Despite his claim to be headed for Canada, Boateng, whose family is prominent in Ghana, was arrested last month at his Brooklyn home. Charged with grand larceny, he did not request hospitalization or special medical treatment at his arraignment. He is currently being held at Rikers Island as a flight risk. His attorney, David Ruck, did not respond to calls.
Madera, who also comes from a politically influential family, in the Dominican Republic, has not been charged. But shortly after the D.A. entered the case, the Consortium suspended him without pay and locked him out of his office. "I know of no allegations against my client," said his attorney, Jeffrey Rubin.
CWE executives declined comment about the events but a lawyer for the organization said officials there were stunned. "Two seemingly high-class and well- respected guys appear to have dreamed up a scheme that victimized CWE," said attorney Andrew Fisher. "We reported it immediately to the district attorney, and we're optimistic that all of the persons involved have been identified to the authorities and the problem is behind us."
But the powerful organization is still scrambling to explain the problem to the local, state, and federal agencies that fund it. Although the organization is audited annually by an outside firm, no one noticed the missing funds despite evidence that the embezzlement was carried out over the past six years.
Since Boateng was the final authority on the group's finances, the auditors wouldn't have detected it, Fisher suggested. "The very person who would be relied upon to verify expenses was the one apparently perpetrating the fraud," he said.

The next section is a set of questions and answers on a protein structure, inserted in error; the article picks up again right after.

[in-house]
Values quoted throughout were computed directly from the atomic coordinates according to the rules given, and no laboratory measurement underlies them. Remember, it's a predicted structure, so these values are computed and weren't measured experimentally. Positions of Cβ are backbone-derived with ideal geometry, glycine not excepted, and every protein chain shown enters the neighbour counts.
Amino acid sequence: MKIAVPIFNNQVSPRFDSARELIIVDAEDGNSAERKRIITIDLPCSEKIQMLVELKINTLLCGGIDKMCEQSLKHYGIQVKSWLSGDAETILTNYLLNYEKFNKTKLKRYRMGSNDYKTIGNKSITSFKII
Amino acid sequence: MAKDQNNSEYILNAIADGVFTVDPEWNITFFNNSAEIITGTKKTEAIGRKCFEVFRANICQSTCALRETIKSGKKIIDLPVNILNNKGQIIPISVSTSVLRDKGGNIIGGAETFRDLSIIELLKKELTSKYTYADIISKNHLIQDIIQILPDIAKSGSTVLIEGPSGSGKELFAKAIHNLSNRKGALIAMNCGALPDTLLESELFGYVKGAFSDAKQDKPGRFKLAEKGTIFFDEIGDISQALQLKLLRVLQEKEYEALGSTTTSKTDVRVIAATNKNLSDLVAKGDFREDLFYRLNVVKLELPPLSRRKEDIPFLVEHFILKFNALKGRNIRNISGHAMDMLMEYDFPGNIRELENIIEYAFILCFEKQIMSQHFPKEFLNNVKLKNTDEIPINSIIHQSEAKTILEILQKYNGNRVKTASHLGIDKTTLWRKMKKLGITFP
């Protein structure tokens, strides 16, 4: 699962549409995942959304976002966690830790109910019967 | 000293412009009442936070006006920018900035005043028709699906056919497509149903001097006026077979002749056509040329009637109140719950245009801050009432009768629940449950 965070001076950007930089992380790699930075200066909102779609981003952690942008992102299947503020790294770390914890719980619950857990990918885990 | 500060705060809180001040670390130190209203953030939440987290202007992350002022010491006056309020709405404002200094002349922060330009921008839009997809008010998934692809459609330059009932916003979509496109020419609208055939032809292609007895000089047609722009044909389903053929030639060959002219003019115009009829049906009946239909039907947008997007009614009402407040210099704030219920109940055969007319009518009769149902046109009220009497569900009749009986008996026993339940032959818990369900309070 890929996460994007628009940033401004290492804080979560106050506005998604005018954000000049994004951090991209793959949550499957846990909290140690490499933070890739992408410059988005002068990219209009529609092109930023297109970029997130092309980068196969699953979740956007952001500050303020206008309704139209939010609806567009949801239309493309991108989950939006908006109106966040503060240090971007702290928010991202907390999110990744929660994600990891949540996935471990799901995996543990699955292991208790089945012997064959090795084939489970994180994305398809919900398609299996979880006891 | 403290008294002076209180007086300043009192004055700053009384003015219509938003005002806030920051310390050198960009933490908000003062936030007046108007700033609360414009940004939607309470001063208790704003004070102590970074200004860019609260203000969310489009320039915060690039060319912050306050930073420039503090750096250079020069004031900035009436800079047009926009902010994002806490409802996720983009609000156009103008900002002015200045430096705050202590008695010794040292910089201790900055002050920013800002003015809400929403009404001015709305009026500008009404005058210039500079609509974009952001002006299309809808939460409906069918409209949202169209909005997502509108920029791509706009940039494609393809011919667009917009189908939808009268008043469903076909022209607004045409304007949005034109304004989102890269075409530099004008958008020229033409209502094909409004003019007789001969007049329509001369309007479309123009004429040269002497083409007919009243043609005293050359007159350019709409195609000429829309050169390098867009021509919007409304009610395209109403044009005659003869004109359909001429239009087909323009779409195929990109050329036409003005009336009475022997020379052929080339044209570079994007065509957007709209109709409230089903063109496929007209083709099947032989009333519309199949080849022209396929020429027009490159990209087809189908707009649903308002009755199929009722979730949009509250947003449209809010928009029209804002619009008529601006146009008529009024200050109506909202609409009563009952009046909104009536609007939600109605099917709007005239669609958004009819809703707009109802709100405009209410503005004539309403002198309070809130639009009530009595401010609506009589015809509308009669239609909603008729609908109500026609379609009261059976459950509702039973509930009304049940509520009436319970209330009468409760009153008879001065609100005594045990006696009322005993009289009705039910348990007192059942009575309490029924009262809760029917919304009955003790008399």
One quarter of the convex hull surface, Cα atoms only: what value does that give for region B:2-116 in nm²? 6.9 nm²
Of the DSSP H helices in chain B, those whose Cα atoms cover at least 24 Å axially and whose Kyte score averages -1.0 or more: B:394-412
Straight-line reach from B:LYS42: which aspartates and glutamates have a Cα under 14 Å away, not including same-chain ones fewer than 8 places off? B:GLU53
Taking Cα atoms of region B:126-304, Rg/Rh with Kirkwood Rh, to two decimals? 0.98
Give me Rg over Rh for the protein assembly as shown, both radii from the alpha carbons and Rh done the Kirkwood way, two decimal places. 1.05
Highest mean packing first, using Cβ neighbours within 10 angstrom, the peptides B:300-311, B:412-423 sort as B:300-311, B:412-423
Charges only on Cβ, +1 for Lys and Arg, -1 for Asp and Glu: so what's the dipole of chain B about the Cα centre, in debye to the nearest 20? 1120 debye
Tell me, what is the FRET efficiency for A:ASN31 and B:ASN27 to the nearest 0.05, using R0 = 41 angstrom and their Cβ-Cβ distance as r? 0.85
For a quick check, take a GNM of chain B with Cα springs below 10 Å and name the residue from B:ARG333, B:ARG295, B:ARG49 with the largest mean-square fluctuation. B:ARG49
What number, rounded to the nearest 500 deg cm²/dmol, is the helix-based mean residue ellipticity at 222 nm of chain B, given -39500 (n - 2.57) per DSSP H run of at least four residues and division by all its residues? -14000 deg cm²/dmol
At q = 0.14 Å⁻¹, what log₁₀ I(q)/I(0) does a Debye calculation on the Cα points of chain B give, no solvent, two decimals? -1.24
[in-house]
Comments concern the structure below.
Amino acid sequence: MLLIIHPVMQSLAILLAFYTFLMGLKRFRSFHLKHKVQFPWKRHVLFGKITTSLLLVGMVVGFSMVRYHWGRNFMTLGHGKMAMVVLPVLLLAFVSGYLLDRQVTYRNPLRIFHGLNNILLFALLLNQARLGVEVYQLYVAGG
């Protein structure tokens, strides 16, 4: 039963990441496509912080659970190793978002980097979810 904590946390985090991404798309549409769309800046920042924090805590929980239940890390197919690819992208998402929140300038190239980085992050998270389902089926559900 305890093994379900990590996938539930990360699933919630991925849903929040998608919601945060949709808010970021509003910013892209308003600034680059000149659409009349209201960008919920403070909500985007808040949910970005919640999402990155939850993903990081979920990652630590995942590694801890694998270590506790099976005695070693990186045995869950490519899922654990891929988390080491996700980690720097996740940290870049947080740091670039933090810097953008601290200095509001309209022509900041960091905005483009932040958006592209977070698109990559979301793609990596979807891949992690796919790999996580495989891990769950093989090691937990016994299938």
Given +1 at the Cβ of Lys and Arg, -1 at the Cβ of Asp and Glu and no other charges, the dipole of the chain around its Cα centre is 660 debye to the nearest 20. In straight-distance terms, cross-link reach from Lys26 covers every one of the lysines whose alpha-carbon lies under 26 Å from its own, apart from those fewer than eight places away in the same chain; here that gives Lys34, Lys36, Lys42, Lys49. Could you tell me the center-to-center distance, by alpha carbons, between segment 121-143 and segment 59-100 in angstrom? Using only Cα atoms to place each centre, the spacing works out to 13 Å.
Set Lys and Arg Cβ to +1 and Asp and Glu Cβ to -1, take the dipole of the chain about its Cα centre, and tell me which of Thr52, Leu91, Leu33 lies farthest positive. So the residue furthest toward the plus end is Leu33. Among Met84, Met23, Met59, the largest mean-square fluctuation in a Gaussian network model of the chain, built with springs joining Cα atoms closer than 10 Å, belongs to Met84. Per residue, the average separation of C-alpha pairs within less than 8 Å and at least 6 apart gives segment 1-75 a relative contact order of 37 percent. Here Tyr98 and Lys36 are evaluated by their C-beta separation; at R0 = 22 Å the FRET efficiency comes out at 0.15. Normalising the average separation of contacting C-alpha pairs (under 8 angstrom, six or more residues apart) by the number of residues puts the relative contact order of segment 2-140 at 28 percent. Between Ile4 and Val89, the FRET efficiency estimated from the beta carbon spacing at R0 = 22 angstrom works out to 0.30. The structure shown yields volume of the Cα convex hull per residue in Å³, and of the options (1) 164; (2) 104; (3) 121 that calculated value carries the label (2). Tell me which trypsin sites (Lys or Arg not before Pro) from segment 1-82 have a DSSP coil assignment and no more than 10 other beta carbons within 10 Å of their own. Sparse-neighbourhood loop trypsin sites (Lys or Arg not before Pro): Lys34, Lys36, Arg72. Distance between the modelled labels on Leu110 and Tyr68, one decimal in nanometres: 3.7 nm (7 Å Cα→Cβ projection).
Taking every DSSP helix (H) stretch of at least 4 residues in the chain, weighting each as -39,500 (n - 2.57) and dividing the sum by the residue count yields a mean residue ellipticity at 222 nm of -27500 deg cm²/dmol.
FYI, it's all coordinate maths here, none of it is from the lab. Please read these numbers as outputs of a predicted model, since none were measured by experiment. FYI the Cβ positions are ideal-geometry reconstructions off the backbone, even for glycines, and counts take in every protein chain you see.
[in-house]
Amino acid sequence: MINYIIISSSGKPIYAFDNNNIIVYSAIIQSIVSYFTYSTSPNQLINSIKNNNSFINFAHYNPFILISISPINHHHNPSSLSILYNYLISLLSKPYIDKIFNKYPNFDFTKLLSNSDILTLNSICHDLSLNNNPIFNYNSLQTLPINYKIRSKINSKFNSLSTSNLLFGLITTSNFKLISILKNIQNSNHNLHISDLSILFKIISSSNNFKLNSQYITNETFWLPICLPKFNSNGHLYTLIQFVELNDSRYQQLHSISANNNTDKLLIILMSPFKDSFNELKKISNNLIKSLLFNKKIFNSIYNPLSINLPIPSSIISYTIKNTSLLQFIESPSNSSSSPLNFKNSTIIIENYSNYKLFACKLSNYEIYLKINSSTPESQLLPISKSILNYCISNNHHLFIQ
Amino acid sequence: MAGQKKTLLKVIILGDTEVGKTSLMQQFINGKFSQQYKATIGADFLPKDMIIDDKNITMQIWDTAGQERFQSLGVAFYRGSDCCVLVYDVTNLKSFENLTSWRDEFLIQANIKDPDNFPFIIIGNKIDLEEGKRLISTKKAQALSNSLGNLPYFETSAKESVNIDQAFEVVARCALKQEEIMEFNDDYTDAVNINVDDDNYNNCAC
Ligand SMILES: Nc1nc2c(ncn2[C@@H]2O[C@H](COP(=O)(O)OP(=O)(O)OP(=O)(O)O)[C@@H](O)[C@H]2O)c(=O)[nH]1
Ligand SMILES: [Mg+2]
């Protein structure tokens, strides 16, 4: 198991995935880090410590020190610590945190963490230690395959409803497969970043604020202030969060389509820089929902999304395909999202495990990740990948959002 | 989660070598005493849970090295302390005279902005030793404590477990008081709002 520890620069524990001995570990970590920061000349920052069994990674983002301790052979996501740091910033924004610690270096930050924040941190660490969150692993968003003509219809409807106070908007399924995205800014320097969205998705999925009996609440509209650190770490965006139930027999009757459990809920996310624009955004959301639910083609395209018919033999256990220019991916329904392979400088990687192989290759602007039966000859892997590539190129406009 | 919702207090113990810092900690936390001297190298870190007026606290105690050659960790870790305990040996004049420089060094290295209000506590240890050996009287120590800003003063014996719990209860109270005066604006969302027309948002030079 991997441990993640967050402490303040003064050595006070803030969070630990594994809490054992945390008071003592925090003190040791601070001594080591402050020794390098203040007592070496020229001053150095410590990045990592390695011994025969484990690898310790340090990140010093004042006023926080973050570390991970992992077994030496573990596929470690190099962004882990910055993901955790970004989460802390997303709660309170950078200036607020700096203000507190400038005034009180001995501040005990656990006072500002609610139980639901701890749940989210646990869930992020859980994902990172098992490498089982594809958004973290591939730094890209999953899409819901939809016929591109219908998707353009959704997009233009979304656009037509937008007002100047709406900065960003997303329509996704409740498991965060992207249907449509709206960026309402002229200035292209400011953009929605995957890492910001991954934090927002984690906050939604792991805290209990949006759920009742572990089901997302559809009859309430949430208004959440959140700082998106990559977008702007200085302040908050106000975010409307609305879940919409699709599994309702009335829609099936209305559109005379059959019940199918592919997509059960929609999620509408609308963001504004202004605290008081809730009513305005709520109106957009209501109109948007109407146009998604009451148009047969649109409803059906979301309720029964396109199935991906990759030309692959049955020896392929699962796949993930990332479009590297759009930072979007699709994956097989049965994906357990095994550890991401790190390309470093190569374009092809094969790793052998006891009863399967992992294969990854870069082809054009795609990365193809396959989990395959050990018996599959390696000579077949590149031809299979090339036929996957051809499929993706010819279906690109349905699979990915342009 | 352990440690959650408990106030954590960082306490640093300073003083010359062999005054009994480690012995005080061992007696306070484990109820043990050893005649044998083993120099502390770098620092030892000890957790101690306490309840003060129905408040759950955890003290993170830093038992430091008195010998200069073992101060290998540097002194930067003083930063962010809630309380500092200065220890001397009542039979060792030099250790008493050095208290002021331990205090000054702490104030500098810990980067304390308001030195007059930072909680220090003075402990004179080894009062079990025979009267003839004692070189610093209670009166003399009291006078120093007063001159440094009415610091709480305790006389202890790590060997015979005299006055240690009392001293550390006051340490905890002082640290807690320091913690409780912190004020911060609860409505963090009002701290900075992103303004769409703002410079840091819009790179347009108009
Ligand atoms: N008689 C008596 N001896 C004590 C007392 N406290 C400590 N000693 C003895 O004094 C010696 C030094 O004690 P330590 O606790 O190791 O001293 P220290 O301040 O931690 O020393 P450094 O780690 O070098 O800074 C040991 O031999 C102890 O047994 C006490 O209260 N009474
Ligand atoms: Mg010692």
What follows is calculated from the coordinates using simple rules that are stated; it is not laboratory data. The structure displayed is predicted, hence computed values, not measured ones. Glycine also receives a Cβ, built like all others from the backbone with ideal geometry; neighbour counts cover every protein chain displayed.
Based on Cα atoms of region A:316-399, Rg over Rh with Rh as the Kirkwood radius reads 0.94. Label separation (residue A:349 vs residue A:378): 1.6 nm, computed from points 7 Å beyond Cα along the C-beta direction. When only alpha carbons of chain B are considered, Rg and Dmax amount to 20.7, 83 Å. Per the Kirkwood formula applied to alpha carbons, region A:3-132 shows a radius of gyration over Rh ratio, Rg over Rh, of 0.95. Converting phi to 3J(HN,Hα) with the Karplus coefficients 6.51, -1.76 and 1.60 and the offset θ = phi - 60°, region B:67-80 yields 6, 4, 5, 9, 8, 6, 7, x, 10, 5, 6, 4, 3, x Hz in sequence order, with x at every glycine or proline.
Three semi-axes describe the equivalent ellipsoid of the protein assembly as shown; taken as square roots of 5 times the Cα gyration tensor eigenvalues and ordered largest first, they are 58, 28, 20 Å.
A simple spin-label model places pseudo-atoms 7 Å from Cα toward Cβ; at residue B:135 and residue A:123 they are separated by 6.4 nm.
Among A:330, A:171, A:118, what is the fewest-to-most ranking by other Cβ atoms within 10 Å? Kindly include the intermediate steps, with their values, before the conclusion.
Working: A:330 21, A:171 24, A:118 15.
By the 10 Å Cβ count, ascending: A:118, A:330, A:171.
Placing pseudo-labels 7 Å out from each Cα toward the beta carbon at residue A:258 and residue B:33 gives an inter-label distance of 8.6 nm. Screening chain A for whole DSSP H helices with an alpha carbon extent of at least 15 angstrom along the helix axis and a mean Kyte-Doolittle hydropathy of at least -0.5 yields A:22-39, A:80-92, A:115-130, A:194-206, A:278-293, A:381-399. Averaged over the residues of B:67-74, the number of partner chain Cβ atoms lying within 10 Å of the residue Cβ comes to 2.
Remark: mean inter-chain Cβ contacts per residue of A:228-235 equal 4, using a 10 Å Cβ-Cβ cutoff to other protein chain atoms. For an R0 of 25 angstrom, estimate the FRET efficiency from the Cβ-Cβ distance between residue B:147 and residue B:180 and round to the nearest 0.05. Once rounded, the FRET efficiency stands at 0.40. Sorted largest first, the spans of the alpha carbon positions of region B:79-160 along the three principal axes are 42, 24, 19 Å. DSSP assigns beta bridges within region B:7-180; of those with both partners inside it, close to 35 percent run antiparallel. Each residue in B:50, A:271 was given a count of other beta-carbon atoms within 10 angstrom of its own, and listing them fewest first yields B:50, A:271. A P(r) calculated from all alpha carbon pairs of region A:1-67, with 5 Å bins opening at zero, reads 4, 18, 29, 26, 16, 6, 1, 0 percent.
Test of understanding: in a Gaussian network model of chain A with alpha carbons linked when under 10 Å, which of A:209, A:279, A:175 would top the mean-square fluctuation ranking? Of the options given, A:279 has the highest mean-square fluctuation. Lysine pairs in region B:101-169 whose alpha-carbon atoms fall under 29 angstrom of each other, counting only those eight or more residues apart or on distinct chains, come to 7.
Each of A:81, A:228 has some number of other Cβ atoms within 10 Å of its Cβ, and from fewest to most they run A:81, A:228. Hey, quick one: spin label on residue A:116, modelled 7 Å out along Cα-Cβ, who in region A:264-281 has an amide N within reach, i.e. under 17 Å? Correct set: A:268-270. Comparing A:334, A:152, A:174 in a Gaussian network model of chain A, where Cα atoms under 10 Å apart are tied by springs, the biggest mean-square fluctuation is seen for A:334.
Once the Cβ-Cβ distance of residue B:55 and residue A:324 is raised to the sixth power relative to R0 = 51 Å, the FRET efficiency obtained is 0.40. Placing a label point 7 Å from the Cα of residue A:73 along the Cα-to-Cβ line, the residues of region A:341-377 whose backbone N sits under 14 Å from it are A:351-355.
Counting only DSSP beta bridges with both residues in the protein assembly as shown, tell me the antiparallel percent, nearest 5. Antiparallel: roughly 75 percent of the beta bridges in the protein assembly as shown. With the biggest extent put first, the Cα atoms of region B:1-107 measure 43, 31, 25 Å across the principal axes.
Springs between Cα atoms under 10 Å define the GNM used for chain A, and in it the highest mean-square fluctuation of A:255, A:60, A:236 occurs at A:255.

If so, the training group wouldn't be the first organization to be so victimized. Last month, a once trusted Merrill Lynch trader admitted taking $43 million under the very noses of his bosses. But what makes the CWE episode stand out isn't so much the size of its loss, but its high-level political connections on both sides of the aisle. Those ties have helped make CWE the city's most formidable player in the business of training and retraining workers in a time of near-constant layoffs in blue-collar industries.
Ever since it was started by former Teamsters union leader Barry Feinstein in 1985, the Consortium has been a kind of 800-pound gorilla among job-training groups. Feinstein recruited the city's top labor leaders to serve on its board. Current members include Edward Malloy, the president of the city's muscular Building and Construction Trades Council, and Edgar Romney, the regional director of the merged garment and hotel workers' union, UNITE HERE. Much of its funding over the years has been in the form of direct allocations by top state legislative leaders. In turn, the organization has managed a network of education and training programs for the 1 million members of the city's Central Labor Council and, with public funding, operated seven local centers for unemployed New Yorkers to receive help.